We’ll have a number of market-specific catalogs, tailored for those customers, and a “rest of world” (ROW) catalog for all other markets. Developers can choose the catalogs in which their app is listed, and we will continue to increase the number of market-specific catalogs and payment providers over time as we evolve the Store service. You can see the extent of our global support in the Dev Center.

 (in Chinese)

The Windows Store will be available in 231 markets worldwide. This version is for the Chinese market

Even though the Windows Store isn’t available yet, the talented developers at Renren—a popular social network in China—have created a rich, Metro style app in XAML and C# that is tailored to their customers and a delight to use.

(in Chinese)

The Windows Store will include support for more than 100 languages.
Here, China’s Renren has created a localized Metro style app.

Enterprise

With more than 1.25 billion Windows users globally, we have to design for both consumer and enterprise users. Enterprise developers have been asking about their path to market with Metro style apps. And, in turn, IT administrators have been asking about deployment and management scenarios, such as compliance and security. Apps listed in the Store are visible to all Windows 8 users, so enterprise apps can be offered in the Store, just like any other Metro style app. However, we also offer support for enterprises that want direct control over the deployment of Metro style apps.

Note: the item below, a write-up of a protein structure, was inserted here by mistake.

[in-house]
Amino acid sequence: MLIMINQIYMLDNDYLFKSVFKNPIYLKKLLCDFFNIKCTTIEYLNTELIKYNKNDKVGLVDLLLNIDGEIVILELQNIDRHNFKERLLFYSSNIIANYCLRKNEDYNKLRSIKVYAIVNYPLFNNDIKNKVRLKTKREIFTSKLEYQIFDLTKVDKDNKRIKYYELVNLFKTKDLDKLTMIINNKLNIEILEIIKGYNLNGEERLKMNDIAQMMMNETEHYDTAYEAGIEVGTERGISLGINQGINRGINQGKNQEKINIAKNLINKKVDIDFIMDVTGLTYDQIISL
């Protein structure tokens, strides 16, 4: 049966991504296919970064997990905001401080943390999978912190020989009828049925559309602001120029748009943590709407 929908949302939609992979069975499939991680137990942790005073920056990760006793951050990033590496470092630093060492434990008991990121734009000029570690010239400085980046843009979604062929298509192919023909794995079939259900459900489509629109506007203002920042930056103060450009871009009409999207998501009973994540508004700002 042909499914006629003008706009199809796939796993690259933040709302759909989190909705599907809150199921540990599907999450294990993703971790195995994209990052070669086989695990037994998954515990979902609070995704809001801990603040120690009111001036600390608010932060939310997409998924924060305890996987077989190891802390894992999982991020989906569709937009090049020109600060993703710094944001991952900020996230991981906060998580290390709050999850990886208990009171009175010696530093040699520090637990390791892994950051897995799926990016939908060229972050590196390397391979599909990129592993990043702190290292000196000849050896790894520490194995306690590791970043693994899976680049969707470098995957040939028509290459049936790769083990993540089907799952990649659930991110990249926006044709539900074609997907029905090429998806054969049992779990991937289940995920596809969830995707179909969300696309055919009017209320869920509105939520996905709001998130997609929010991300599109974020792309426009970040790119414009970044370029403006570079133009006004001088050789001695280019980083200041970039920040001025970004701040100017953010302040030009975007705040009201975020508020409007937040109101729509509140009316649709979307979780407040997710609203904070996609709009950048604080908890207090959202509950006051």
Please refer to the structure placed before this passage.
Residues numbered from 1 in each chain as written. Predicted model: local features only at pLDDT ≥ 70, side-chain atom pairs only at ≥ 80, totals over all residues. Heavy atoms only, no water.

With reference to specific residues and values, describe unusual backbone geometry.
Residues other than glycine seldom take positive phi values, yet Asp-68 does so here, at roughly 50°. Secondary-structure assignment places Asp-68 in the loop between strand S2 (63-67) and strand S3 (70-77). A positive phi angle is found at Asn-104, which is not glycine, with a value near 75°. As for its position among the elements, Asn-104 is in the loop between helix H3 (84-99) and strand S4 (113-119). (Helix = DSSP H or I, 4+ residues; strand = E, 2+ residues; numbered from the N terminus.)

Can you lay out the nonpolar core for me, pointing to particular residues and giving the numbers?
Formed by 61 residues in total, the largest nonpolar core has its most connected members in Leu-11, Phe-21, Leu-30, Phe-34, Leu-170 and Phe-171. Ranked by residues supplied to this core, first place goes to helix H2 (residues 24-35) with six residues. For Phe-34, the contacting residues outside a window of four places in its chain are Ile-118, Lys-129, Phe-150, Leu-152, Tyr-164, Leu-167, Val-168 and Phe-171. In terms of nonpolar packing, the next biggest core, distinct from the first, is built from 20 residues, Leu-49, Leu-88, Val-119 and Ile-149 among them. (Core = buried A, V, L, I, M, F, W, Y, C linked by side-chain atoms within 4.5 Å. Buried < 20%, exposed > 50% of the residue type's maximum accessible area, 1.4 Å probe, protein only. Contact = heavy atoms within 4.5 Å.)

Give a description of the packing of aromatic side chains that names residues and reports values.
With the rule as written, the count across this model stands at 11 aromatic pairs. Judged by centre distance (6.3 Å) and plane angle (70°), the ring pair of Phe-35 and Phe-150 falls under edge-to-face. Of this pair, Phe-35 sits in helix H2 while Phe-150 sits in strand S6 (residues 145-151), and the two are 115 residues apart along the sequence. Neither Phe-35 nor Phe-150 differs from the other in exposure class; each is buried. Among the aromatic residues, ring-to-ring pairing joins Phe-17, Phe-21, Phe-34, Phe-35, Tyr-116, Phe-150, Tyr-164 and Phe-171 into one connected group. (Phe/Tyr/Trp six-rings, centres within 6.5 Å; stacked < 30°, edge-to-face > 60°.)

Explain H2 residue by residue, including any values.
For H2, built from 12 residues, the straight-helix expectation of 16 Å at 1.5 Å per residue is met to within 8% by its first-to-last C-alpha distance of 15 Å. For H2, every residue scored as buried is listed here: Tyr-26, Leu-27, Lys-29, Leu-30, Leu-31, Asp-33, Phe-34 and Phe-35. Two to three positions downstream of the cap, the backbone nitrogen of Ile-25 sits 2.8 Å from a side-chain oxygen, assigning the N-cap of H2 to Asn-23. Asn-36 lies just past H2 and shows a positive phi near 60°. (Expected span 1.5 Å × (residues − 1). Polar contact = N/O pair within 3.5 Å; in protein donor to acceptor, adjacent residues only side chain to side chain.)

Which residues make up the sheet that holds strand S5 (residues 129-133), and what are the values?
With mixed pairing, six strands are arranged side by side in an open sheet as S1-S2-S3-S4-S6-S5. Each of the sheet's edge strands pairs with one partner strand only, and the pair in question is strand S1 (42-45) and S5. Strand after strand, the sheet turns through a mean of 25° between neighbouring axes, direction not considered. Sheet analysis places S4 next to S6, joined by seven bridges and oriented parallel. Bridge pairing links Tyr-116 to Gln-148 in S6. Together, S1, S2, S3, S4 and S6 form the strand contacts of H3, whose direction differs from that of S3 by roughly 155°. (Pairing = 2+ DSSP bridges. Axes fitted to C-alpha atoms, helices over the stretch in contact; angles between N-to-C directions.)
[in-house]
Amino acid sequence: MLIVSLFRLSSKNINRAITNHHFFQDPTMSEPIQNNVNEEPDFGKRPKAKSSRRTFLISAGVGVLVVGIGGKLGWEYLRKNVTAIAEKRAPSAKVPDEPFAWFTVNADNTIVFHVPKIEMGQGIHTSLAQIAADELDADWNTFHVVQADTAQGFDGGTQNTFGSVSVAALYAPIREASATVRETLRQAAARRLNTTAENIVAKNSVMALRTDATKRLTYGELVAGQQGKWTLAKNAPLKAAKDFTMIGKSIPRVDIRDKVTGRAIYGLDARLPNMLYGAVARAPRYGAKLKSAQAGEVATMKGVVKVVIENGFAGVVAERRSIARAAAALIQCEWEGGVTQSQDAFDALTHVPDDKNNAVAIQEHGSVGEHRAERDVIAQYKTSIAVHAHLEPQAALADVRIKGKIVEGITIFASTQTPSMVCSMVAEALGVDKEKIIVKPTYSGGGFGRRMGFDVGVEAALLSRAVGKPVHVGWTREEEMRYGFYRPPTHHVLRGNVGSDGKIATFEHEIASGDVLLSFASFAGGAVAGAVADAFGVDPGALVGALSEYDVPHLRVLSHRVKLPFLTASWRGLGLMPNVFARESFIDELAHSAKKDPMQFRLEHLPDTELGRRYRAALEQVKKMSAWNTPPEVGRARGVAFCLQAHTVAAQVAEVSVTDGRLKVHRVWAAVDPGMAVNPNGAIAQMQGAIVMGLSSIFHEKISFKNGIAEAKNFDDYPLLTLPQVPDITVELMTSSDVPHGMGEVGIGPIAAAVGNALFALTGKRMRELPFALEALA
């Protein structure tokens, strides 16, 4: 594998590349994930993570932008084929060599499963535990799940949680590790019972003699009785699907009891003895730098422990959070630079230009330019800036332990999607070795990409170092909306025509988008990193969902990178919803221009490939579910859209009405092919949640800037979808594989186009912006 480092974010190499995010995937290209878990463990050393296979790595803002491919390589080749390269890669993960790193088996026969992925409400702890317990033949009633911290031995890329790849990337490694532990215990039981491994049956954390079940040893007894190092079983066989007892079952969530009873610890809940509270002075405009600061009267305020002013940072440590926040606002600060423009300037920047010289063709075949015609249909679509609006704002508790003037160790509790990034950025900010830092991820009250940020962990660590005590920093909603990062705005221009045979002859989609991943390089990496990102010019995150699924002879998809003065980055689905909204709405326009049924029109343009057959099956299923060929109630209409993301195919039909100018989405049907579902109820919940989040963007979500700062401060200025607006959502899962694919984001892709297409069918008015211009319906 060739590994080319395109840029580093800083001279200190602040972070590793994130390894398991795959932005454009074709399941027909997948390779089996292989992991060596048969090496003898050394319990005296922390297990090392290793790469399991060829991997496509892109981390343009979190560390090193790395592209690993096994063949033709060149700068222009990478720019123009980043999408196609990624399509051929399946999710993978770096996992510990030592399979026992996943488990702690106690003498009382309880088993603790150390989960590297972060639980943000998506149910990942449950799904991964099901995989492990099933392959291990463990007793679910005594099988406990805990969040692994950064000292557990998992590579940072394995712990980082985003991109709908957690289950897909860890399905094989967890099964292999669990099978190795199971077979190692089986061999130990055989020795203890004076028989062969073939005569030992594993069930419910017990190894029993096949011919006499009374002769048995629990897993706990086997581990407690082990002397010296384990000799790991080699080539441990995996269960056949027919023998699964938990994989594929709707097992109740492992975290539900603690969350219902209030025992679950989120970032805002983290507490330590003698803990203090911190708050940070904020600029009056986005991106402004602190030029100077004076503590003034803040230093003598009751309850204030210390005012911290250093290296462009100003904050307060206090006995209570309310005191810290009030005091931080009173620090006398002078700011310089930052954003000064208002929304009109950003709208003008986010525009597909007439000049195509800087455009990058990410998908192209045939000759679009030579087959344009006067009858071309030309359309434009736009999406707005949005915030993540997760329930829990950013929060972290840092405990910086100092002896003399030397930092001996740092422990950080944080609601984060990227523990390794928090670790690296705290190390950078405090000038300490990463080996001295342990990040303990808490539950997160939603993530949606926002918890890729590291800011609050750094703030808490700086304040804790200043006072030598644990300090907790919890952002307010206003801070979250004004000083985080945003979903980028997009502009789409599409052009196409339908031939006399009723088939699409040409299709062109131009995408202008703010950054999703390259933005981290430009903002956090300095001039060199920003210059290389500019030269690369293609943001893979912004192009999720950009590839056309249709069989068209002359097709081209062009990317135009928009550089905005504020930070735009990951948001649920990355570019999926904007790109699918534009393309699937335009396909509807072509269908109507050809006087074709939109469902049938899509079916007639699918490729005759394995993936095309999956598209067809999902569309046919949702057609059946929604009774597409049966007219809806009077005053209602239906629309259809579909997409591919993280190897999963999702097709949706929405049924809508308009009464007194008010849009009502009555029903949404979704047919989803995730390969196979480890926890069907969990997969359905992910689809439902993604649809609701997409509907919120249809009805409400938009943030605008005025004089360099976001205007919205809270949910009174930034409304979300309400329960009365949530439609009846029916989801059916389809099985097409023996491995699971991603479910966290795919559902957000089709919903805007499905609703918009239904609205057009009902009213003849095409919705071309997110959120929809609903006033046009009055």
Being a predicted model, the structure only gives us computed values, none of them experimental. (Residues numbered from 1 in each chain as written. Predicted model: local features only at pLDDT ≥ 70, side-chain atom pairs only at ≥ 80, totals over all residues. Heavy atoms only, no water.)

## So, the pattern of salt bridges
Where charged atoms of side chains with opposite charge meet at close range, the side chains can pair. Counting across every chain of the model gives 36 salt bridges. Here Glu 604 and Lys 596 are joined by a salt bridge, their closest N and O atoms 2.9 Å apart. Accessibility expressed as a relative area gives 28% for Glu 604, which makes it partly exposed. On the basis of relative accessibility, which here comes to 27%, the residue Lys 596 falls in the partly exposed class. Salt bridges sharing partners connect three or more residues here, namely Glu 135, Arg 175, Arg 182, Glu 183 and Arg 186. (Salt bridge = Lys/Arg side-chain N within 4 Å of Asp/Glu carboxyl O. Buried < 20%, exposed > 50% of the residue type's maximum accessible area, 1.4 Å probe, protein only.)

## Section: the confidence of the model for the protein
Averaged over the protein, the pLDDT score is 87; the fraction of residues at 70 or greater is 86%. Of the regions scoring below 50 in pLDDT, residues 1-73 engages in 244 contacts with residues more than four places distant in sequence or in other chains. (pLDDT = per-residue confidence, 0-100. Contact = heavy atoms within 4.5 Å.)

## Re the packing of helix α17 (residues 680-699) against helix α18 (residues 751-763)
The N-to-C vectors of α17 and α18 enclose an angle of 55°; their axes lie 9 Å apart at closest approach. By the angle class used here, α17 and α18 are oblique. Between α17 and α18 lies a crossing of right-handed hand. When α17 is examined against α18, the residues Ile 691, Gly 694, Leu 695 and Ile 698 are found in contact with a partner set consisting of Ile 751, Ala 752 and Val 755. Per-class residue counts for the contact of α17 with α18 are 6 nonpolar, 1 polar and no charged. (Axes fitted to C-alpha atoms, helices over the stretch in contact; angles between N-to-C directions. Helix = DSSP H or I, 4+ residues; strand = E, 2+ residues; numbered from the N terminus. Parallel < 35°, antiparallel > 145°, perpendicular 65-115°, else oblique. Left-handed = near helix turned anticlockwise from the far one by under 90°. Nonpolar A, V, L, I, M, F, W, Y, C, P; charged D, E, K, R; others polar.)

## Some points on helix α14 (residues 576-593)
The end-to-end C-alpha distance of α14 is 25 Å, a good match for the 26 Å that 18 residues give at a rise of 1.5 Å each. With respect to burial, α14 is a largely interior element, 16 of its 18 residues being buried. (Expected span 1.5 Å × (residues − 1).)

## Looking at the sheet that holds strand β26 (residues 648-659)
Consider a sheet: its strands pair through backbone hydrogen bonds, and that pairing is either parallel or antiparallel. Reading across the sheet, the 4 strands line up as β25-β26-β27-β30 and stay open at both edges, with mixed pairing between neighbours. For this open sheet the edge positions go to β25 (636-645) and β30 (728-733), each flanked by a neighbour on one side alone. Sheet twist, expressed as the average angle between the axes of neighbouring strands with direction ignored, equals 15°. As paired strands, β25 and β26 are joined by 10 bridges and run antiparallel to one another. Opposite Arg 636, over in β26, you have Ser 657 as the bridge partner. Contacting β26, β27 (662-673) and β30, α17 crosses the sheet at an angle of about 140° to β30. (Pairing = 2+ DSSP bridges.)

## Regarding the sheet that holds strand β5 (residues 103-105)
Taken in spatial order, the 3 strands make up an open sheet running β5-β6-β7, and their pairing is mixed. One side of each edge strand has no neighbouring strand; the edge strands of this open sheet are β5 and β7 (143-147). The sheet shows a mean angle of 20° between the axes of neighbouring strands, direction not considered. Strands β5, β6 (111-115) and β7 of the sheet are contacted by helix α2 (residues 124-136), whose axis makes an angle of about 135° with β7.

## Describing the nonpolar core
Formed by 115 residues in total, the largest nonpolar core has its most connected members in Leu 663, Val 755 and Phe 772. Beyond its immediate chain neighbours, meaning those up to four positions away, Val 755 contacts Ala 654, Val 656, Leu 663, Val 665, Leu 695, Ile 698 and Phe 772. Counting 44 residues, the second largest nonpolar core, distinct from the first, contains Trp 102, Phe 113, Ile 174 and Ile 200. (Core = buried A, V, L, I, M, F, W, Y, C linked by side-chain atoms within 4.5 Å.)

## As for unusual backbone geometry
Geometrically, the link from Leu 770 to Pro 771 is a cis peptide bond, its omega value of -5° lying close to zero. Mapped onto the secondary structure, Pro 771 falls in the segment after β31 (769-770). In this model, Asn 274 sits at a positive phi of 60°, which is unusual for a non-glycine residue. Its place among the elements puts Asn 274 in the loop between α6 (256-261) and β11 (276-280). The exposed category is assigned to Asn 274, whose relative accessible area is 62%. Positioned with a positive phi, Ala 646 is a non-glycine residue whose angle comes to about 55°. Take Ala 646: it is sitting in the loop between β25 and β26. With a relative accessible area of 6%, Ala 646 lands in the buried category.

Enterprises can choose to limit access to the Windows Store catalog by their employees, or allow access but restrict certain apps. In addition, enterprises can choose to deploy Metro style apps directly to PCs, without going through the Store infrastructure. For Windows 8 Beta, IT administrators can use group policy to permit Metro style app installations, as long as the apps are signed by trusted publishers and the machines are joined to the domain. Then the IT admin can use powershell commandlets to manage those Metro-style apps on Windows 8.

ESRI has built this XAML and C# Metro style app for claims adjusters, using their great GIS capabilities, and they plan to sell it direct to insurance companies.

Claims overview / 13 total claims, 4 open, 9 completed / a map showing the location of 4 claims

The Windows Store also has apps for enterprises

This enterprise app can be deployed by IT administrators directly to the Windows 8 PCs they manage. But it can also be made available to devices that move between work and home. You can see on this slate device that the ESRI app lives side-by-side with not only a set of games from the Store, but also an expense report line-of-business app that IT has also provided just for internal use.

Start screen of unmanaged Nike device

IT departments can deploy apps to either managed or unmanaged devices